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The Vault at PfaffsAn Archive of Art and Literature by the Bohemians of Antebellum New York
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34
       Cahill s Misery, Dishonesty and
things that would make my hair stand on
end about  Don Arturo,  whom he believes
will shortly arrive in New York.     Ledger,
however, contributed 15 shillings to Cahill s re-
turn, 5 present in hand, then 10 more, advan-
ced at Ledger s instance by Bob Gun.    Bob
would give Cahill a sovereign at a time, which
I ve no doubt he made little hesitation in accep-
ting.       The behavior of both Gun and Bel-
lew Cahill designates as  princely.    He sought
out Bellew s lodgings, watched the windows with-
out venturing to call and was finally accosted
by Bellew and his wife in the street, and car-
ried home with them to dinner.   They lived in
lodgings, of course; I fancy Cahill was often
a visitor; not so often though but that he
experienced enough of hunger and misery.  He
has been four days without food    walking
the London streets starving    he says.   Once,
desperate he filled a bag with bricks, stones and
rubbish and went boldly to a hotel in Fleet Street,
ordering bed and breakfast for four days, and
decamping when he fancied himself det suspected.
He talks vindictively against England, dislik-
ing the people and declaring that they  treated
him shamefully.    He would go instantly and
Page
Title:Thomas Butler Gunn Diaries, Volume Sixteen: page forty-four
Description:Relates Frank Cahill's tale of his time in London.
Date:1861-03-30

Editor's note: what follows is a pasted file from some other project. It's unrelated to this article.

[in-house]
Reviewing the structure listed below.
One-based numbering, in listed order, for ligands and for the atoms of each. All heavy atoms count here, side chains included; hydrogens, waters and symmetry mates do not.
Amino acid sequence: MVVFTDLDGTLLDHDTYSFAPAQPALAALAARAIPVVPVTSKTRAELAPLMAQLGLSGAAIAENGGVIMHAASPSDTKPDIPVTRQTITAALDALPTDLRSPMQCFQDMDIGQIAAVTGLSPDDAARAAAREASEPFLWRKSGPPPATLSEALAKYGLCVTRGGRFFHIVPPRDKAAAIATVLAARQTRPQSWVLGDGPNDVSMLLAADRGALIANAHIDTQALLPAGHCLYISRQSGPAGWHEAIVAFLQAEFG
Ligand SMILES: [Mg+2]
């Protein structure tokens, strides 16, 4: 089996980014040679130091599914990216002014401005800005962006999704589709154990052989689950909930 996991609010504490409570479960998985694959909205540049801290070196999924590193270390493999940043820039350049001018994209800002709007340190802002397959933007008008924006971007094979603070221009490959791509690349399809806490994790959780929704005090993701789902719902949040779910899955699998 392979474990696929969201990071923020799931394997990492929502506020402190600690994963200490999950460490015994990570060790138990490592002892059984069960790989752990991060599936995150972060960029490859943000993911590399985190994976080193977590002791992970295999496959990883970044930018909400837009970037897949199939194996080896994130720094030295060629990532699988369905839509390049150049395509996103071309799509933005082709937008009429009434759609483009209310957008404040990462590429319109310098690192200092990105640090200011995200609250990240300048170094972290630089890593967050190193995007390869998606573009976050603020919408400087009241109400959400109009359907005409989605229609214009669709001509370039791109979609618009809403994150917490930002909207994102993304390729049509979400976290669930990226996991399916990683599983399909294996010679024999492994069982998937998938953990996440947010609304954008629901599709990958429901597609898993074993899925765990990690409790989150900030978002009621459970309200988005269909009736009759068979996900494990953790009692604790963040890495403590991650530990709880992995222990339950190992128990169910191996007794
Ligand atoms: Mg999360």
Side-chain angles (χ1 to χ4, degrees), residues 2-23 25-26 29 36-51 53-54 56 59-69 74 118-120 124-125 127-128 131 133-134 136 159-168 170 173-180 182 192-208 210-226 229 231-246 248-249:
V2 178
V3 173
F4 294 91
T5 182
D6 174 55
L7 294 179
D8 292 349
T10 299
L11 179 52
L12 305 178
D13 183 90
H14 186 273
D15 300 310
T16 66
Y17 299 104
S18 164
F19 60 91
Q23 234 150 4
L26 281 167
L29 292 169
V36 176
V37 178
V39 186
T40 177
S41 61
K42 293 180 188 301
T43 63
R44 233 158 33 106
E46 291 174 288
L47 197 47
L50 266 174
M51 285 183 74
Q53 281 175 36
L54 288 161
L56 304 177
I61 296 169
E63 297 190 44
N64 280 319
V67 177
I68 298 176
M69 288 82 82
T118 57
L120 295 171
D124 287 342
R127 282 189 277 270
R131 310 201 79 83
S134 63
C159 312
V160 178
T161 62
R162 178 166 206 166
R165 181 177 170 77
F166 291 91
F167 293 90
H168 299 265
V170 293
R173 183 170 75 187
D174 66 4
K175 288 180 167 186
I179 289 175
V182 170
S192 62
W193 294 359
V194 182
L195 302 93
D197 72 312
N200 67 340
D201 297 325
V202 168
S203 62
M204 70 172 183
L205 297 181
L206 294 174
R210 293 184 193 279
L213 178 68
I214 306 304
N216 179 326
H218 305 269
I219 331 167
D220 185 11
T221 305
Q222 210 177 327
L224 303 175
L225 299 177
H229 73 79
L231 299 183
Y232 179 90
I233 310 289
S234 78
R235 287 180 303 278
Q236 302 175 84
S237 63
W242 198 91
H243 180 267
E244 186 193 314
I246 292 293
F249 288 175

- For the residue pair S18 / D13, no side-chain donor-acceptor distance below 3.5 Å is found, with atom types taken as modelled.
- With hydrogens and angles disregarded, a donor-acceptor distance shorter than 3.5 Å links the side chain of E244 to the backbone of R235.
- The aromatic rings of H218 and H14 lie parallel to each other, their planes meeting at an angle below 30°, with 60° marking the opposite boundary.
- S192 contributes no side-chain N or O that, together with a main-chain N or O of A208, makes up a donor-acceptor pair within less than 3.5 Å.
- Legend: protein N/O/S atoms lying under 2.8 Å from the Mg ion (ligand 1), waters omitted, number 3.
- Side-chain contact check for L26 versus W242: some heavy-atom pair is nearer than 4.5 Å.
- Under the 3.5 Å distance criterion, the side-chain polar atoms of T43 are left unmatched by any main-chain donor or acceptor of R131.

Subject:Bellew, Frank; Bellew, Frank, Mrs.; Cahill, Frank; Gun, Robert; Gunn, Thomas Butler; Hotels; Ledger, Arthur; Poverty
Coverage (City/State):London, [England]; New York, [New York]
Coverage (Street):Fleet Street
Scan Date:2010-05-24

 

Volume
Title:Thomas Butler Gunn Diaries, Volume Sixteen
Description:Includes Gunn's descriptions of the scene in New York at the commencement of the Civil War, boarding house living, visits to the Edwards family, Mort Thomson's engagement to Fanny Fern's daughter Grace Eldredge, Frank Cahill's return to New York from London, Frank Bellew's dissatisfaction with living in England, Thomas Nast's engagement to Sally Edwards, the scene in New York during the departure of the 7th New York Regiment for Washington, attending the wedding of Olive Waite and Hamilton Bragg, a visit with Frank Cahill to the camp of the 1st Regiment of New York Volunteers and the 2nd Regiment of New York State Militia on Staten Island, the death of Charles Welden, and his reporting work.
Subject:Boardinghouses; Bohemians; Civil War; Gunn, Thomas Butler; Journalism; Marriage; Military; Publishers and publishing; Women
Coverage (City/State):New York, New York
Note:Thomas Butler Gunn was born February 15, 1826, in Banbury, England, and came to New York in 1849. During the Civil War he worked as a correspondent for the New York Tribune and the New York Evening Post. He returned to England in 1863, and died in Birmingham in April 1903. The collection includes twenty-one volumes of his diaries, including newspaper clippings, letters, photographs, sketches, and various other items inserted by Gunn. Diary entries date from July 7, 1849, to April 7, 1863, and include his experiences with the New York publishing and literary world, his descriptions of boarding houses, his travels throughout the United States, and his experiences traveling with the Federal army as a Civil War correspondent.
Publisher:Missouri History Museum
Rights:Copyright 2010 Missouri History Museum.
Source:Page images, transcriptions, and metadata of the Thomas Butler Gunn diaries have been provided by the Missouri History Museum.